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RE: How Big A Dump File Can Be Handled?

From: Geoff Field <Geoff_Field_at_aapl.com.au>
Date: Wed, 21 Aug 2013 16:29:17 +1000

> From: Ben Reser
> Sent: Wednesday, 21 August 2013 12:12 PM
> On Tue Aug 20 16:44:08 2013, Geoff Field wrote:
> > I've seen some quite large dump files already - one got up
> > to about 28GB. The svnadmin 1.2.3 tool managed to cope with
> > that quite successfully. Right now, our largest repository
> > (some 19,000 revisions with many files, including
> > installation packages) is dumping. In the 5300 range of
> > revisions, the dump file has just passed 9GB.

Overall, it got to about 29GB. Dump and load worked fine, although they got a bit slow towards the end. (In fact, I delayed sending this until it had actually finished.)

> Shouldn't be a problem within the limits of the OS and filesystem.

I've just realised that my concern was based on a power-of-2 limitation that means that a 32-bit signed integer would roll over at the 2GB mark, with an unsigned roll-over at 4GB. It's possible the Windows Server 2003 file system might have started to complain when it ran out of block indices/counters or some such, but there's no reason a 32GB+ file won't work if 4.1GB or more works.

> However, I'd say why are you bothering to produce dump files?
> Why not simply pipe the output of your dump command to a
> load command, e.g.
> svnadmin create newrepo
> svnadmin dump --incremental oldrepo | svnadmin load newrepo

I've been working in Windoze too long - I failed to think of that option. I'll use that for the rest of the repositories (about 19 remain to be done). Thank you for that application of the clue-by-four. You've made the rest of my task a lot easier.

I really should have done it all using a scripting language of some sort, too. I've told myself it's really too close to the end of the process to think of *that* change now, except I've just managed to quickly throw together a batch file to do the job. I could probably have done it in python or some other scripting language, but batch files are quick and easy. Again, thanks Ben for the prompt to use my head a bit better (even though you didn't explicitly suggest this aspect).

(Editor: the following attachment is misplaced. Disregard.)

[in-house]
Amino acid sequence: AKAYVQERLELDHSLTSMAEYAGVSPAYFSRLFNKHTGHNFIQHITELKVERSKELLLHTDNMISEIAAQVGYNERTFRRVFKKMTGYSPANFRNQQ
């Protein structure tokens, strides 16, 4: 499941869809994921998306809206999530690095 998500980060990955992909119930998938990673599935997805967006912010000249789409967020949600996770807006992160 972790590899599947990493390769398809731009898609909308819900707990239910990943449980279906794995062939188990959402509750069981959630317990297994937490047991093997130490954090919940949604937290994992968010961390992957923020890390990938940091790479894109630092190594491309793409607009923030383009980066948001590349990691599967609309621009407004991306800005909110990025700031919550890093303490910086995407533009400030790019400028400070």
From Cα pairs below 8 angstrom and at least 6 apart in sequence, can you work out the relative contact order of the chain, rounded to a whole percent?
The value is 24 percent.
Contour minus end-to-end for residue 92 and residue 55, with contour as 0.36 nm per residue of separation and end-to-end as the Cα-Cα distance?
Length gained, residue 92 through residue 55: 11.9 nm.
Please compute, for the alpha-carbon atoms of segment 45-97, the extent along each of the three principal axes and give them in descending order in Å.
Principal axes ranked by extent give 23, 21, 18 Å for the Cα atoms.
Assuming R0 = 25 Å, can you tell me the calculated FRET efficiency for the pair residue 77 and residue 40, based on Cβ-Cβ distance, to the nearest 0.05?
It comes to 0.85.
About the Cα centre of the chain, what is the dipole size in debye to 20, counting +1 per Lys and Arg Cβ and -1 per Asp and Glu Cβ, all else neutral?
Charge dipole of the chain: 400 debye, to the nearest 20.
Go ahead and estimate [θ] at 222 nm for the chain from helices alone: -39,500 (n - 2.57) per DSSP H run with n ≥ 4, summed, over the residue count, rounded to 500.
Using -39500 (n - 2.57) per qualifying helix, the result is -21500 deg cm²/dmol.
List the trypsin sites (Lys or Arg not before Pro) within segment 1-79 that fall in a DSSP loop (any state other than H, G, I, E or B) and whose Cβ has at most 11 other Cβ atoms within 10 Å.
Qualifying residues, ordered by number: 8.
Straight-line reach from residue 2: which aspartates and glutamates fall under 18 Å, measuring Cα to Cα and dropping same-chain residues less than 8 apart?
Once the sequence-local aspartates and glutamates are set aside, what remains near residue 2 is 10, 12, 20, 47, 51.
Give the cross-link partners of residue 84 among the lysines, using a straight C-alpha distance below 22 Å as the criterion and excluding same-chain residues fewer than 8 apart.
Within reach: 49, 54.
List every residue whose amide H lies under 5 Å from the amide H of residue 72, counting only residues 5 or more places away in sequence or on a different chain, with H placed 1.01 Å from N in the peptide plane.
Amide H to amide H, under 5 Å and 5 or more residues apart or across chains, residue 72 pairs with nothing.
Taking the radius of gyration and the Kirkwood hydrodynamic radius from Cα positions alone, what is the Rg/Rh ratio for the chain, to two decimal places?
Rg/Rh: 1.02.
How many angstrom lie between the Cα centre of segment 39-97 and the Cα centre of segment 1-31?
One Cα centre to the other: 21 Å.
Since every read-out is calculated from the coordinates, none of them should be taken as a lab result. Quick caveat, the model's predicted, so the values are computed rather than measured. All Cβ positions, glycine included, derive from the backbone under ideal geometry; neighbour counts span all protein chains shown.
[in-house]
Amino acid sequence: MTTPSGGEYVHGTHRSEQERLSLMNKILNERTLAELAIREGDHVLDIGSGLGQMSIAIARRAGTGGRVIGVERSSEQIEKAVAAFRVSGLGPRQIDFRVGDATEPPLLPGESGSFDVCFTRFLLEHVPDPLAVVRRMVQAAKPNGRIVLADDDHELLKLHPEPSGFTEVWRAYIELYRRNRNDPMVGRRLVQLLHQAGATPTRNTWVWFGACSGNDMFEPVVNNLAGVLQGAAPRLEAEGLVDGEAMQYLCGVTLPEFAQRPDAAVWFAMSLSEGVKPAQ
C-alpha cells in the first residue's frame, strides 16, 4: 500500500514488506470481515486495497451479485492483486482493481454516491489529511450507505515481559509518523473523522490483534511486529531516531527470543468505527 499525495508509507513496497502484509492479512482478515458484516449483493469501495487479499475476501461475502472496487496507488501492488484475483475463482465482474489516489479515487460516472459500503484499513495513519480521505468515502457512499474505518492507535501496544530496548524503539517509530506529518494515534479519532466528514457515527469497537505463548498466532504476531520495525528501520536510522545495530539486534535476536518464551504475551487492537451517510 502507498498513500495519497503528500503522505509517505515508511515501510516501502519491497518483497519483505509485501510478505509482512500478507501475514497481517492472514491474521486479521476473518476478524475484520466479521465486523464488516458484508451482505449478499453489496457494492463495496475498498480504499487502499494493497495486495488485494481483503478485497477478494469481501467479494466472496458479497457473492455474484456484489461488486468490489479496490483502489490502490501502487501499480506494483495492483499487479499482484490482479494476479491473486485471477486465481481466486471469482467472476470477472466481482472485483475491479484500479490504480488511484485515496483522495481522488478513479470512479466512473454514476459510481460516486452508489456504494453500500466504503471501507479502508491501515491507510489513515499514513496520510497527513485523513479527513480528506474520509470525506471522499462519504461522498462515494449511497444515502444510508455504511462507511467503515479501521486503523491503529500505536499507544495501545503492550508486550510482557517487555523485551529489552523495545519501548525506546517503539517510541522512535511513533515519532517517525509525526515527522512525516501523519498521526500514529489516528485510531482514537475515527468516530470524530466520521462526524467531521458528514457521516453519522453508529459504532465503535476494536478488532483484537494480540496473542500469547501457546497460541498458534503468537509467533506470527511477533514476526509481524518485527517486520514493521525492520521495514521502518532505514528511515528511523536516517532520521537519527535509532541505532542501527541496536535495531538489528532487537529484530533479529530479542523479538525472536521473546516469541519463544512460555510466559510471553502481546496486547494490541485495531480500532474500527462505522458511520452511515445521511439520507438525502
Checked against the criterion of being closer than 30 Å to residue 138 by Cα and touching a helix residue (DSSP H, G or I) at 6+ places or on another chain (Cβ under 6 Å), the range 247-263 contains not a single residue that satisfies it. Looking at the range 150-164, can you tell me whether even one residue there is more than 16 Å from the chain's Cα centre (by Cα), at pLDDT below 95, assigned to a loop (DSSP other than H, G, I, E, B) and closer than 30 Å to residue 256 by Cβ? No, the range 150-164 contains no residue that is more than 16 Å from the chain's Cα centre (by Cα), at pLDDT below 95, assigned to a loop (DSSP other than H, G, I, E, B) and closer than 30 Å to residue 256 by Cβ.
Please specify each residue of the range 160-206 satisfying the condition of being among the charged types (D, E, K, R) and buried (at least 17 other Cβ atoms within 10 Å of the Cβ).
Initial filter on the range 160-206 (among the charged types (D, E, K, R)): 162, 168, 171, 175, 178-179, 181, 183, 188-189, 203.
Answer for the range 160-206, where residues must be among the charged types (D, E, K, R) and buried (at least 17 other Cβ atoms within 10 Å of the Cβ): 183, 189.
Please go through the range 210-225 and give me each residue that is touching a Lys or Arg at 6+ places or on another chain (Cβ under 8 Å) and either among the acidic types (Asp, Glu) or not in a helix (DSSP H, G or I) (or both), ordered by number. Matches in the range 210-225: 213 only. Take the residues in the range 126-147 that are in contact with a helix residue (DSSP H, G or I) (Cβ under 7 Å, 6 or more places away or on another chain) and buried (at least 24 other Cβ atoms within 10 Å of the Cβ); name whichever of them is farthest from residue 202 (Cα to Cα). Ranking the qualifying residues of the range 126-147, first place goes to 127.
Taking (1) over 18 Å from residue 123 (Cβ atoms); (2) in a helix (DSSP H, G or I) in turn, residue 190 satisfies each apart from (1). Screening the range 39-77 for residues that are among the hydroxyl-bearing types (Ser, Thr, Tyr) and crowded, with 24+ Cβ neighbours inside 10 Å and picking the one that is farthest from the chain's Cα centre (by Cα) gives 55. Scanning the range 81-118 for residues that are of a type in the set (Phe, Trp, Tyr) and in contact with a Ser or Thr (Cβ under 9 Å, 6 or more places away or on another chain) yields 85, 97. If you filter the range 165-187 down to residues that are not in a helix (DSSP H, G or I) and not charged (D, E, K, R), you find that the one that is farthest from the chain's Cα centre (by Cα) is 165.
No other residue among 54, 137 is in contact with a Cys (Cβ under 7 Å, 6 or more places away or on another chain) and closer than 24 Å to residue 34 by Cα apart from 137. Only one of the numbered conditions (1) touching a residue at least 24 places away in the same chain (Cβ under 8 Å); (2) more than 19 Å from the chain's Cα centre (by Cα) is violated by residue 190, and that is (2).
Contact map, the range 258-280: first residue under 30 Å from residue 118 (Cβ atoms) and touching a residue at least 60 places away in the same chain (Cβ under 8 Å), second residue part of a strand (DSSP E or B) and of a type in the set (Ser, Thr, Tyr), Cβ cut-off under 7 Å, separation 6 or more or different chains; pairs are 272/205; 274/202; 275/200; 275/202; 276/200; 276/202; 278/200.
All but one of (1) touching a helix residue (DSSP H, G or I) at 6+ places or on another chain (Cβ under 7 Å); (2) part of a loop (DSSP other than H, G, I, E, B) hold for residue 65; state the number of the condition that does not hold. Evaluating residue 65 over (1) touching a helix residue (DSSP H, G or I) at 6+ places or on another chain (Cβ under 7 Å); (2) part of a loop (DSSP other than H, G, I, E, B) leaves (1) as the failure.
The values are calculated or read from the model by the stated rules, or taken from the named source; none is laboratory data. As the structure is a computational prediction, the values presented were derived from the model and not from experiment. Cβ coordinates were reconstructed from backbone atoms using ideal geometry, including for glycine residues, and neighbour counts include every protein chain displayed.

rem Create a new repository - using the OLD format just in case we need to switch back to the old server
  "C:\Program Files\Subversion\bin\svnadmin.exe" create "%1_FSFS"
  rem Copy the data from the old repository to the new one
  "C:\Program Files\Subversion\bin\svnadmin.exe" dump --incremental "%1" | "C:\Program Files\Subversion\bin\svnadmin.exe" load "%1_FSFS"
  rem Change the names to make the new repository accessible using the existing authentication and URLs and the old one accessible for emergency use.
  ren "%1" "%1_BDB"
  ren "%1_FSFS" "%1"
  rem Check the new repository with the current tools to confirm it's OK.
  svnadmin verify "%1"

Note that we have the old version 1.2.3 server software installed at the C:\Program Files\Subversion location, and later versions are stored under other locations, with the path set to point to the new version. I'm creating the new repositories with the old version for those (hopefully rare) occasions when we need to switch back to the old server version.

> You'll need space for two repos but that should be less than
> the space the dump file will take.

We're keeping the old repos anyway, just in case. We're an automotive parts company with support requirements for some quite old versions, so we can't afford to throw away too much history. Even though it's a RAID system (using Very Expensive disk drives, so it's actually a RAVED system), there's lots of space available on the drive where the repositories live.

> I included the
> --incremental option above because there's no reason to
> describe the full tree for every revision when you're doing a
> dump/load cycle.

That makes sense.

> You can save space with --deltas if you
> really want the dump files, but at the cost of extra CPU time.
> If you're just piping to load the CPU to calculate the delta
> isn't worth it since you're not saving the dump file.

I agree. The server's not particularly new, so if I can save on processor time that's a good thing. I'm discarding/reusing the dump files anyway, since we're keeping the original repositories (and we have a separate backup system for the servers - I know it works too, because I've had to restore some of the BDB repositories from it).



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Received on 2013-08-21 08:30:12 CEST

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